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story.lead_photo.caption The Arkansas Capitol is shown in this 2015 file photo. (AP Photo/Danny Johnston)

State Sen. Bart Hester, R-Cave Springs, and Democratic challenger Ronetta Francis of Bentonville spent $262,260 in the race for Bentonville's Senate District 1, just short of breaking the record for spending in a Northwest Arkansas legislative race, candidate finance reports show.

Rep. Denise Garner, D-Fayetteville, and then-incumbent Rep. Charlie Collins, R-Fayetteville, set the record in 2018. They spent $269,838 combined in the House District 84 race. House districts are about one-third the size of Senate districts.

No other legislative race in Benton County or Washington County came close to breaking $200,000 in 2020, campaign finance records show. The most expensive House race was between political newcomers: the District 90 race between Rep.-elect Kendon Underwood, R-Cave Springs, and Democrat Kelly Krout of Lowell. Underwood spent $105,875 to Krout's $69,257 for a total of $175,132.

In all, 26 candidates in 13 general election legislative campaigns in Benton and Washington counties spent $1,468,574 in those efforts, finance reports show.

Hester never faced a general election opponent before this race. He described Francis as "a credible candidate in every measure" in an interview Tuesday. That figured into his decision to raise and spend so much, he said.

Hester won 36,778 votes to 19,855, or 65% to 35%. The contest was businesswoman Francis' first race, challenging a two-term incumbent who did not draw a primary or general election opponent in his last reelection bid. Hester first won the Senate seat in 2012.

He outspent Francis $158,277 to $103,983.

"The big reason was uncertainty because so many people have moved into the district," Hester said of his campaign's spending. "We weren't sure how they'd vote. We keep hearing about how, with all the new people moving in, this district was turning purple. That turned out to not be true."

Purple refers to a district that isn't Republican red or Democrat blue.

Francis' six-figure campaign still had to cut back on expenses, she said.

"It's less what you have to raise" to be considered a serious contender, she said, "but what you have to spend."

The growth in the district made it expensive to get your name and message out, she said.

"That size has a lot of relevance," she said. "Look at the number of houses you have to reach. The growth is explosive."

In all, District 1 voters cast 56,633 ballots in the Hester-Francis race. This compares to 30,923 ballots in south Arkansas' Senate District 12 race or east Arkansas' District 23 contest with 29,523. Incumbents were defeated in both those races.

State legislative district boundaries are redrawn every 10 years, after each U.S. Census. November's general election was the last before new district lines will be drawn.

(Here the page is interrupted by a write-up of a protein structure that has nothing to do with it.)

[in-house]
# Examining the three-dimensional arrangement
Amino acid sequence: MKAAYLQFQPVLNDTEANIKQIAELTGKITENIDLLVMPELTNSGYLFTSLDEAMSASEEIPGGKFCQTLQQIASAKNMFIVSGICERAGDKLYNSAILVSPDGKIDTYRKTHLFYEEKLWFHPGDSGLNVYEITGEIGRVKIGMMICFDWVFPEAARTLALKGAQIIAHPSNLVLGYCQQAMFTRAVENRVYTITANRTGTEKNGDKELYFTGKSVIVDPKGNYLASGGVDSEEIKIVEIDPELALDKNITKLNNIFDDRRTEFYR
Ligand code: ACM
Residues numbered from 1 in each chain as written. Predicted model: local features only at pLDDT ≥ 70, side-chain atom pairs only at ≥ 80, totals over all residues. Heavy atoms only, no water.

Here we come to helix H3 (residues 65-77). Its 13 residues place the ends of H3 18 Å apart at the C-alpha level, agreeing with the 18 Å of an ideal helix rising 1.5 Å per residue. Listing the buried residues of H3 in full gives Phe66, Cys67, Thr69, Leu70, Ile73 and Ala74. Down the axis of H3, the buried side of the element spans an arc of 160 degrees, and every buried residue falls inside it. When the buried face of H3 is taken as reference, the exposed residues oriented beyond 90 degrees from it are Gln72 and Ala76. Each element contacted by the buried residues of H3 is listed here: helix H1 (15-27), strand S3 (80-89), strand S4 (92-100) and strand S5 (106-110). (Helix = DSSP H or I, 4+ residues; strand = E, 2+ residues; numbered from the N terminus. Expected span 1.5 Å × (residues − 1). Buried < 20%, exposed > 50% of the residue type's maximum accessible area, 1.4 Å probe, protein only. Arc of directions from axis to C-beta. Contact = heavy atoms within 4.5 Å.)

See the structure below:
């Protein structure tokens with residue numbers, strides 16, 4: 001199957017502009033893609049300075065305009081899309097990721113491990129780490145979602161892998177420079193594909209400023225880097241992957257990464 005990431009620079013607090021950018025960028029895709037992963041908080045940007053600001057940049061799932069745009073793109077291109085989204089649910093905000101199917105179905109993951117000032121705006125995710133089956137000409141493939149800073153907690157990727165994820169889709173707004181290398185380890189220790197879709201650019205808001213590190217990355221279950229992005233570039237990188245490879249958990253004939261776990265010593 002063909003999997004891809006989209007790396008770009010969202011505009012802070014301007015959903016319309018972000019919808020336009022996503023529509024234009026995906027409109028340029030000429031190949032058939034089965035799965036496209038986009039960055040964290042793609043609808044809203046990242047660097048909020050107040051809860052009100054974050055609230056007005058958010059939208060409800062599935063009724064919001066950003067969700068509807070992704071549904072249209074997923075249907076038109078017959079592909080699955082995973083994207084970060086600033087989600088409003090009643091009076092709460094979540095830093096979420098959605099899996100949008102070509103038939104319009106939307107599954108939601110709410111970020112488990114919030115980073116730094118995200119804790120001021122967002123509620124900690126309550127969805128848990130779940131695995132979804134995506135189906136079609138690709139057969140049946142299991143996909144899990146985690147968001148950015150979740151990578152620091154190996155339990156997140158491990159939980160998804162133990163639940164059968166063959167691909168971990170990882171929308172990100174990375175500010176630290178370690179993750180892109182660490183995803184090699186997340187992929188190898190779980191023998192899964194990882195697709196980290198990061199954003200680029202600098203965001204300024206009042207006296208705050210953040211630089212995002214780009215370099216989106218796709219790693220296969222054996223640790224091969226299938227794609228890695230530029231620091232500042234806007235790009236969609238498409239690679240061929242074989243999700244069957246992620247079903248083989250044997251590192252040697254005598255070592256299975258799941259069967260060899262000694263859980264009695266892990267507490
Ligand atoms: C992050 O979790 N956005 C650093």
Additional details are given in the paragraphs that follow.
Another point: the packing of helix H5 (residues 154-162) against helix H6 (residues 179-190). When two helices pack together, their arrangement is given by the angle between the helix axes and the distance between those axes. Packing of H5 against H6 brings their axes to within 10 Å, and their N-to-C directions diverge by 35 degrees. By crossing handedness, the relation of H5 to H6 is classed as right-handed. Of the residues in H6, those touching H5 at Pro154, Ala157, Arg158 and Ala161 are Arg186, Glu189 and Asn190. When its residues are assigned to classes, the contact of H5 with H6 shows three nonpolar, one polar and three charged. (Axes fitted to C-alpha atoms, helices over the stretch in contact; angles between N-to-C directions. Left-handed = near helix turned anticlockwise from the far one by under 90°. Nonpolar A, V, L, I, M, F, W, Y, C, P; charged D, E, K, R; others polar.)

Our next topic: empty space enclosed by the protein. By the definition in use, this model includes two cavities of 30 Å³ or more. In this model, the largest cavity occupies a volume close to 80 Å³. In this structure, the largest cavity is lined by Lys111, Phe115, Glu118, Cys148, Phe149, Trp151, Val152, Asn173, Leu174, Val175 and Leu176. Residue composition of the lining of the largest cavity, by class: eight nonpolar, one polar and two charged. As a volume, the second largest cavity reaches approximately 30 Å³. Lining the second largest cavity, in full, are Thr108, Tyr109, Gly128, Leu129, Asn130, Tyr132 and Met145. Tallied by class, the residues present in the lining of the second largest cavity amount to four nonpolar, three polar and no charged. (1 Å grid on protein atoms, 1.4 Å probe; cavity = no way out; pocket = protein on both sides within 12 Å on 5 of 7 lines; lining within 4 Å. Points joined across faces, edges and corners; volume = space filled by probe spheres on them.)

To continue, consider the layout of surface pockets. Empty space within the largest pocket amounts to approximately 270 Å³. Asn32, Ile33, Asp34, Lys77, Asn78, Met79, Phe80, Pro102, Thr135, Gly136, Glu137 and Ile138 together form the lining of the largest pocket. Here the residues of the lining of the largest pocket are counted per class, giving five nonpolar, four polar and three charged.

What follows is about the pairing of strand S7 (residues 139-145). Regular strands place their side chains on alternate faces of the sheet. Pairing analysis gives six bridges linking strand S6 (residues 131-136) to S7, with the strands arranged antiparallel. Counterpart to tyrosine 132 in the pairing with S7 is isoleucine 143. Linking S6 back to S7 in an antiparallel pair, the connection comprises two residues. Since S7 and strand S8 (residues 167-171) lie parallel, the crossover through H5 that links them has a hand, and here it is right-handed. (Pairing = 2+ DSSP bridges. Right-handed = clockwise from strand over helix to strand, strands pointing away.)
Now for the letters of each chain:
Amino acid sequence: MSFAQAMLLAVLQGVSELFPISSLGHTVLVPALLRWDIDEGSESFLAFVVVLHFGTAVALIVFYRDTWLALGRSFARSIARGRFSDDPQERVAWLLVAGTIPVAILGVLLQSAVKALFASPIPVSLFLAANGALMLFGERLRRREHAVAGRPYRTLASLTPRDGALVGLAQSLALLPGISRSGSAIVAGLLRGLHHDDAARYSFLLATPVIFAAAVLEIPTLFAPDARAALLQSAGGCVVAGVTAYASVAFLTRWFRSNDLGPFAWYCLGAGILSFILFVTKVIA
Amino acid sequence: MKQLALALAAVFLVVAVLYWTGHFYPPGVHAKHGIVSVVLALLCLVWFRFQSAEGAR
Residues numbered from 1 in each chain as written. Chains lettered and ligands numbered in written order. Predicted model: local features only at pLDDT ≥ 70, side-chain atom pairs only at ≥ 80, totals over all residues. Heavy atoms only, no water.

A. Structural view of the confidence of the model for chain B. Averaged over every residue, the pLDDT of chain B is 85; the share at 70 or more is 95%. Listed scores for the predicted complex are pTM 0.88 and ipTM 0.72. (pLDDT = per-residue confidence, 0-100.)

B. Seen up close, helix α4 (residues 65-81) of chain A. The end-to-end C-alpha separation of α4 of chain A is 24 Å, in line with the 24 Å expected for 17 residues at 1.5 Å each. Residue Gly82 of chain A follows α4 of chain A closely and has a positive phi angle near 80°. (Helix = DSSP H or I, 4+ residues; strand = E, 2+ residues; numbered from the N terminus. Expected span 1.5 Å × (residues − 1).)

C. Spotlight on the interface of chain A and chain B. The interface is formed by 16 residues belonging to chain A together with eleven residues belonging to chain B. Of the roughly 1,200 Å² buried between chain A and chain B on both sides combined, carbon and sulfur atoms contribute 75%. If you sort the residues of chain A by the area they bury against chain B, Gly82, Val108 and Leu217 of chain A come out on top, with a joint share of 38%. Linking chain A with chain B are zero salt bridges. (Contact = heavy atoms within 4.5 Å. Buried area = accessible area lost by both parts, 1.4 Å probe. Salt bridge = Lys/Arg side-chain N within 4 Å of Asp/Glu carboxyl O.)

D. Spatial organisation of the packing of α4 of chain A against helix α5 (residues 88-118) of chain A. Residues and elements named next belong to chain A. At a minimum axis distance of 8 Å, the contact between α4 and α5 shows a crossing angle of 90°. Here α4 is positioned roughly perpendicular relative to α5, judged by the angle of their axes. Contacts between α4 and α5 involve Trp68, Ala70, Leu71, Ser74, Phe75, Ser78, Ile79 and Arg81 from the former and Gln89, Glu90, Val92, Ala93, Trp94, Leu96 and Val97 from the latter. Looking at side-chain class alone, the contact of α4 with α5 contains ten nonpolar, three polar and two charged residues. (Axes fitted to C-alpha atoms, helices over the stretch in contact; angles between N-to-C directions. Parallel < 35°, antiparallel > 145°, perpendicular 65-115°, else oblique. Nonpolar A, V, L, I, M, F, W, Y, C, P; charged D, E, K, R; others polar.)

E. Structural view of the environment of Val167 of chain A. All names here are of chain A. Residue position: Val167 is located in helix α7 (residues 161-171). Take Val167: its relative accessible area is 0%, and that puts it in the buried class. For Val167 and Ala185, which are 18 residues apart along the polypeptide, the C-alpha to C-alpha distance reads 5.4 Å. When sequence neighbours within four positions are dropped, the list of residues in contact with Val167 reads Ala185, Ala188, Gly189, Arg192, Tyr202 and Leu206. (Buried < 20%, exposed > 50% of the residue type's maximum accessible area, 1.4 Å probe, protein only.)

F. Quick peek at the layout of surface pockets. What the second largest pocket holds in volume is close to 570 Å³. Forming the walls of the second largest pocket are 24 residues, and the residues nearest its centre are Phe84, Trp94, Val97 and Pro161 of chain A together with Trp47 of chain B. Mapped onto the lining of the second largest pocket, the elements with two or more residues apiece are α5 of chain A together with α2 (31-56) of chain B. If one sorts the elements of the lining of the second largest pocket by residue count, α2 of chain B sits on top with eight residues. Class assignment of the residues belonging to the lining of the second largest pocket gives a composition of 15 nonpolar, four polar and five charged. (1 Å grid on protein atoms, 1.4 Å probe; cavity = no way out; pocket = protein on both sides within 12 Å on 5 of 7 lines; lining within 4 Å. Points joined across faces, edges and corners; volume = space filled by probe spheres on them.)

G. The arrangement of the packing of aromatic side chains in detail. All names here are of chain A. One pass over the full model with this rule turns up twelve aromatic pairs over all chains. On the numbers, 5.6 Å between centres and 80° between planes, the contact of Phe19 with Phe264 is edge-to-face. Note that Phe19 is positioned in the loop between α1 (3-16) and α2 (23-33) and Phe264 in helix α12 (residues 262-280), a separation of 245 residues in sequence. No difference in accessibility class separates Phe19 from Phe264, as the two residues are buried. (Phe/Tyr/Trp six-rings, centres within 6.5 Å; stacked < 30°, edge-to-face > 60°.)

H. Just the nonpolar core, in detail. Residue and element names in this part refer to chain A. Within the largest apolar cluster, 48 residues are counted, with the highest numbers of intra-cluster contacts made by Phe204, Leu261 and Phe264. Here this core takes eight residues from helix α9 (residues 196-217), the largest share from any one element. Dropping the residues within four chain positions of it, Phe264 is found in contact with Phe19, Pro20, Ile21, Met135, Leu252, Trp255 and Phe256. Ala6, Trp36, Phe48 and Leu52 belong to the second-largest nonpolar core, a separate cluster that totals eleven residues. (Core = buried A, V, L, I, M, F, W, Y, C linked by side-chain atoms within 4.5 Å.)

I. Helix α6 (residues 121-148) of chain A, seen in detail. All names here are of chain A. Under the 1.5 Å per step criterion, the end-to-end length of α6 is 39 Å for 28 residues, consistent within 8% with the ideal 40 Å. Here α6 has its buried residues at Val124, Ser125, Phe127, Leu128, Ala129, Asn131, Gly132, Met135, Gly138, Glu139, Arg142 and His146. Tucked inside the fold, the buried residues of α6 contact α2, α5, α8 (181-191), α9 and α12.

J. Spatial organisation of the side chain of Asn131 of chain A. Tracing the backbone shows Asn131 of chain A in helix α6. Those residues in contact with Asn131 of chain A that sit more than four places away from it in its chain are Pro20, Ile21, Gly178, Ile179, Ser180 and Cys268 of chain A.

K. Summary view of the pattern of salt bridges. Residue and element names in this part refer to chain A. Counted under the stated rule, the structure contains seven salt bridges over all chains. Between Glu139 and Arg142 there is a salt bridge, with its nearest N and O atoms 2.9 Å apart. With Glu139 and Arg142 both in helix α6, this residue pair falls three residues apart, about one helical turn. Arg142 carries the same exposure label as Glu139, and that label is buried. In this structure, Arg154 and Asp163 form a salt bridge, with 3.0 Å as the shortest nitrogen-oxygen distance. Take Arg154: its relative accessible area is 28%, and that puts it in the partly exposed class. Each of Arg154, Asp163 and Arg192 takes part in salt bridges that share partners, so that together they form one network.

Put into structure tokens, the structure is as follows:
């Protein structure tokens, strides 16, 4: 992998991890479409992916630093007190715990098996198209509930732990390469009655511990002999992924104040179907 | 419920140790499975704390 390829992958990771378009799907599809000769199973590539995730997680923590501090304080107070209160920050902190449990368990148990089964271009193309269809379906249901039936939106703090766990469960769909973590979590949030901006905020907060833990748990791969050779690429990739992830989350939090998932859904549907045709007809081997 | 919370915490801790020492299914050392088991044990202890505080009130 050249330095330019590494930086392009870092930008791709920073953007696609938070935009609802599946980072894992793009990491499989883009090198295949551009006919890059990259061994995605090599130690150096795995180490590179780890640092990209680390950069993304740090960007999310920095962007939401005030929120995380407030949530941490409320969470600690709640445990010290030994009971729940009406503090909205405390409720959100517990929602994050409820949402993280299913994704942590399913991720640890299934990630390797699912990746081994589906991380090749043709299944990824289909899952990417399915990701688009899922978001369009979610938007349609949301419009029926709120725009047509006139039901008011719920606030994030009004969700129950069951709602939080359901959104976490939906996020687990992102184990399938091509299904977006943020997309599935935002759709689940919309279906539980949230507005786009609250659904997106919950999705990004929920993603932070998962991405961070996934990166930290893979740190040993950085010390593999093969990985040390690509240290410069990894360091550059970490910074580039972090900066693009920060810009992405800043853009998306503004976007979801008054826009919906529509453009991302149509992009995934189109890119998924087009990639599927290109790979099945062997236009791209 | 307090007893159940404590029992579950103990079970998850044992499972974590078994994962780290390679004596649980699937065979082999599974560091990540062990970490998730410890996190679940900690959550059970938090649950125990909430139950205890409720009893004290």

The northwest region is the fastest growing in the state, U.S. Census Bureau estimates show. Meanwhile, much of rural Arkansas is losing population, those figures show.

"I may have had more people move into my district than some senators have people in their districts," Hester estimated. Exactly how many voters moved into District 1 is not available, a spokeswoman for the Benton County Clerk's office said, but Benton County as a whole saw growth from 113,361 registered voters in 2012 to 170,038 in 2020 -- a 50% increase.

In other legislative races, six of the 13 contests in 2020 cost more than $100,000, including the Hester-Francis race. The third most expensive race was Republican Jed Duggar's unsuccessful challenge of incumbent Rep. Megan Godfrey, D-Springdale, in District 89.

The District 89 race cost the candidates' campaigns a combined $142,244. Duggar outspent Godfrey $76,298 to $60,985, reports show.

The most economical legislative race in Northwest Arkansas was the successful reelection bid of Rep. Clint Penzo, R-Springdale, against Democratic challenger Hawley Woods: a combined $49,085. The race was also the closest to being equal. Penzo spent $24,822 and Woods $24,263 -- a difference of $559.

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NWA Legislative Campaign Spending

Winners are listed first in each race.


District 1: Bart Hester (R) $158,277; Ronetta Francis (D) $103,983

District 2: Jim Hendren (R) $111,553; Ryan Craig (D) $2,275*


District 80: Charlene Fite (R) $67,911; Lou Reed Sharp (D) $60,663

District 85: David Whitaker (D) $45,268; Brian Hester (R) $67,230

District 86: Nicole Clowney (D) $48,386, John La Tour (R) $19,452

District 87: Robin Lundstrum (R) $75,226; Michael Bennett-Spears (D) $18,426

District 88: Clint Penzo (R) $24,822; Hawley Woods (D) $24,263

District 89: Megan Godfrey (D) $60,985; Jed Duggar (R) $76,298

District 90: Kendon Underwood (R) $105,875; Kelly Krout (D) $69,257

District 91: Delia Haak (R) $69,257; Nick Jones (D) $4,850

District 93: Jim Dotson (R) $41,201; Daisy Bonilla (D) $34,549

District 94: John Carr (R) $52,253; Jene Huffman-Gilreath (D) $53,009

District 96: Josh Bryant (R) $40,147; Jon Comstock (D) $33,158

*denotes no final report available online

Doug Thompson can be reached by email at [email protected] or on Twitter @NWADoug.

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